Hard times : an oral history of the great depression / Studs Terkel.Material type: TextPublisher: New York : Pantheon Books, c1986Edition: 1st trade pbk. edDescription: xvii, 462 p. ; 21 cmISBN: 0394746910 (pbk.); 9780394746913 (pbk.)Subject(s): United States -- History -- 1933-1945 | United States -- History -- 1919-1933 | Depressions -- 1929 -- United States -- Personal narratives | United States -- Economic conditions -- 1918-1945 | United States -- Social conditions -- 1933-1945DDC classification: 973.91 LOC classification: E806 | .T45 1986Other classification: NQ 5310 | 15.87 | 7,26 Summary: "Persons of all ages, occupations, and classes scattered across the United States remember what they experienced or were told about the economic crisis of the 1930s. The result is a social document of immense interest."
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Originally published: New York : Pantheon Books, 1970.
"Persons of all ages, occupations, and classes scattered across the United States remember what they experienced or were told about the economic crisis of the 1930s. The result is a social document of immense interest."
Author notes provided by SyndeticsStuds Terkel was an actor, writer, and radio host. He was born Louis Terkel on May 16, 1912 in New York City. He took his name from the James T. Farrell novel, Studs Lonigan. Terkel attended the University of Chicago and graduated with a law degree in 1934.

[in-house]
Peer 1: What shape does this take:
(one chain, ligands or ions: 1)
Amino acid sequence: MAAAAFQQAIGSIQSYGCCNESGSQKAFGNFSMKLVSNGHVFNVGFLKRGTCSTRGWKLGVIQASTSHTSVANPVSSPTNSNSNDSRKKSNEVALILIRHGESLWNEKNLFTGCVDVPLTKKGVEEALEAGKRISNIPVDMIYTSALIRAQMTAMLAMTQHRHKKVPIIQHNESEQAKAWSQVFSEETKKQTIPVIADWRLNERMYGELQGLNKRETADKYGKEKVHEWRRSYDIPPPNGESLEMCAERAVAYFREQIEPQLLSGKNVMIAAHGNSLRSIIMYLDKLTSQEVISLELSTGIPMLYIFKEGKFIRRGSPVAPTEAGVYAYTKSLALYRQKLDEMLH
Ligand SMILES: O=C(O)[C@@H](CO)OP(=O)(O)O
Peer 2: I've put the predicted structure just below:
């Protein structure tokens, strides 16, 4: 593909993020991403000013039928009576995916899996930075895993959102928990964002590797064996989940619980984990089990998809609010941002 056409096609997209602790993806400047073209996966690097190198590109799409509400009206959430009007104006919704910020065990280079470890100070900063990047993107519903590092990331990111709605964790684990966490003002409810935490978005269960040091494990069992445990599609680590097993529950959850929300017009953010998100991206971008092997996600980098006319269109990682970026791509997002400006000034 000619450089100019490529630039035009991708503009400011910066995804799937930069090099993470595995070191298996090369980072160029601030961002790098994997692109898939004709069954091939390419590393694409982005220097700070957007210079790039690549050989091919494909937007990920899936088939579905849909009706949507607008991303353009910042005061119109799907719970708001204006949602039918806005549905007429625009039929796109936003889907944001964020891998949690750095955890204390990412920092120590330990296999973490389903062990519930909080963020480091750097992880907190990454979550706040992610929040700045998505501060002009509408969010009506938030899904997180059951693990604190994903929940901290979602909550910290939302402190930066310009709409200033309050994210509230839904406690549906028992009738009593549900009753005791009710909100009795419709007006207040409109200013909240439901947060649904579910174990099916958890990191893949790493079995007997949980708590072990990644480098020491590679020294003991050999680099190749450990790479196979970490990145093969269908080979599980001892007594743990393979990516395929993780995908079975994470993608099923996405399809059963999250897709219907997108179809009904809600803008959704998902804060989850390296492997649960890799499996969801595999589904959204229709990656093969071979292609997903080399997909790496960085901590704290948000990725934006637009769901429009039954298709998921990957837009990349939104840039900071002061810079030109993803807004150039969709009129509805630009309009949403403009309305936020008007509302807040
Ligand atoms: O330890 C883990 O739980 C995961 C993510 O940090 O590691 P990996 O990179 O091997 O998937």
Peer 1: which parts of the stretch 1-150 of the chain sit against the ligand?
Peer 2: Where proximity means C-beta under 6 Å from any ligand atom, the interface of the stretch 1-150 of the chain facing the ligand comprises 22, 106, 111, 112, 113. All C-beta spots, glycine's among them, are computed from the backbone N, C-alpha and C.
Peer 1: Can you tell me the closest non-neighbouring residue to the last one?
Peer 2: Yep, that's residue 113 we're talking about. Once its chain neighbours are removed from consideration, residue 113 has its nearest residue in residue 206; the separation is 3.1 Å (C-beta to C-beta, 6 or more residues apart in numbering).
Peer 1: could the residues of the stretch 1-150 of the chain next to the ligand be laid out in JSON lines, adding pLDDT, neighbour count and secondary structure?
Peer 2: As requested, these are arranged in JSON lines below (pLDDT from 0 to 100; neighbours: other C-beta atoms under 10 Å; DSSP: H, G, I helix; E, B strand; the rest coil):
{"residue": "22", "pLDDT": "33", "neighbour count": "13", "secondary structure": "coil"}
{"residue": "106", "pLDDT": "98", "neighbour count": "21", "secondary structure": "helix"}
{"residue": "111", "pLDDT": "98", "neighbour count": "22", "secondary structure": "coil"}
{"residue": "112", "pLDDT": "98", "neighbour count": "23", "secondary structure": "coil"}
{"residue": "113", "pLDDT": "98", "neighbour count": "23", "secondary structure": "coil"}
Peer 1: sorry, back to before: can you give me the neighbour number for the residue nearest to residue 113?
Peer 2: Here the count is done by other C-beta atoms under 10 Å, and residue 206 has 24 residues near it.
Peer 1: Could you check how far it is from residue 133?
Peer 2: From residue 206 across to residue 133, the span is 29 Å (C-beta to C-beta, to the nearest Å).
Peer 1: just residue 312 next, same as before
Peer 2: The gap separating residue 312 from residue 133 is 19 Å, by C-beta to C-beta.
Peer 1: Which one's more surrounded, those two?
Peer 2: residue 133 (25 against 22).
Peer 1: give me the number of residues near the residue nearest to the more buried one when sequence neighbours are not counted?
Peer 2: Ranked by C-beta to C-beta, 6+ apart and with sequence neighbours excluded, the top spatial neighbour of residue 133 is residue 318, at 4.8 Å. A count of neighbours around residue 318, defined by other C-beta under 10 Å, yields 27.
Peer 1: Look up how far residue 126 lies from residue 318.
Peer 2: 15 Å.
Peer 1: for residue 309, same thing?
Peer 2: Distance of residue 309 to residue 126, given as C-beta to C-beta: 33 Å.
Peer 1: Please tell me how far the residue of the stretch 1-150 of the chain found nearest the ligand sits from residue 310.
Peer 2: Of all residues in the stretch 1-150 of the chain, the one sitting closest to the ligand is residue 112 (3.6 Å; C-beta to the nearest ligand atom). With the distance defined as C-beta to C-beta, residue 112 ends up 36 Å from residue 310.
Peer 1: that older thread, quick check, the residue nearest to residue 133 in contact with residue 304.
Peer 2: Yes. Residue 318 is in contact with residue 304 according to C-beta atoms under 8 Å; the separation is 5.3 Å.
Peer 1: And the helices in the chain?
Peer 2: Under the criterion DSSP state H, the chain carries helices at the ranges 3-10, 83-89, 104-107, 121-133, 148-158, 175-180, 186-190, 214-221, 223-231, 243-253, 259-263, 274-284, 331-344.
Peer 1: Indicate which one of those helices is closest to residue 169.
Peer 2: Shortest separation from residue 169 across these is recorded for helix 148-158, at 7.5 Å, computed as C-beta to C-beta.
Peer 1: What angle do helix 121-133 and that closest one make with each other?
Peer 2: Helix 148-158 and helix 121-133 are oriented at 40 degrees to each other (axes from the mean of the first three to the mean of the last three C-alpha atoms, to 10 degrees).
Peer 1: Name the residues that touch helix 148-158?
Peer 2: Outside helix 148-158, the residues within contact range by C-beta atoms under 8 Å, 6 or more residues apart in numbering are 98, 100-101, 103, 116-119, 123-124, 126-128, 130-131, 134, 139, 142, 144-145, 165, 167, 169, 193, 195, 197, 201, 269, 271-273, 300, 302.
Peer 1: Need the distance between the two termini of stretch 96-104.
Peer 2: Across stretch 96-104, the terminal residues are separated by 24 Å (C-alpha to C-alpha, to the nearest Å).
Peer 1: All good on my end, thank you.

Terkel acted in local stage productions and on radio dramas until he began one of the first television programs, an unscripted show called Studs Place in the early 1950s. In 1952, Terkel began Studs Terkel's Almanac on radio station WFMT in Chicago.
Terkel compiled a series of books based on oral histories that defined America in the 20th Century. Working: People Talk About What They Do All Day and How They Feel About What They Do received a National Book Award nomination in 1975. The Good War: An Oral History of World War II won the Pulitzer Prize in nonfiction in 1985. Working was turned into a hit musical in 1978. Terkel was named the Communicator of the Year by the University of Chicago in 1969. He also won a Peabody Award for excellence in journalism in 1980 and the National Book Foundation Medal for contributions to American letters in 1997. He died on October 31, 2008 at the age of 96.
(Bowker Author Biography)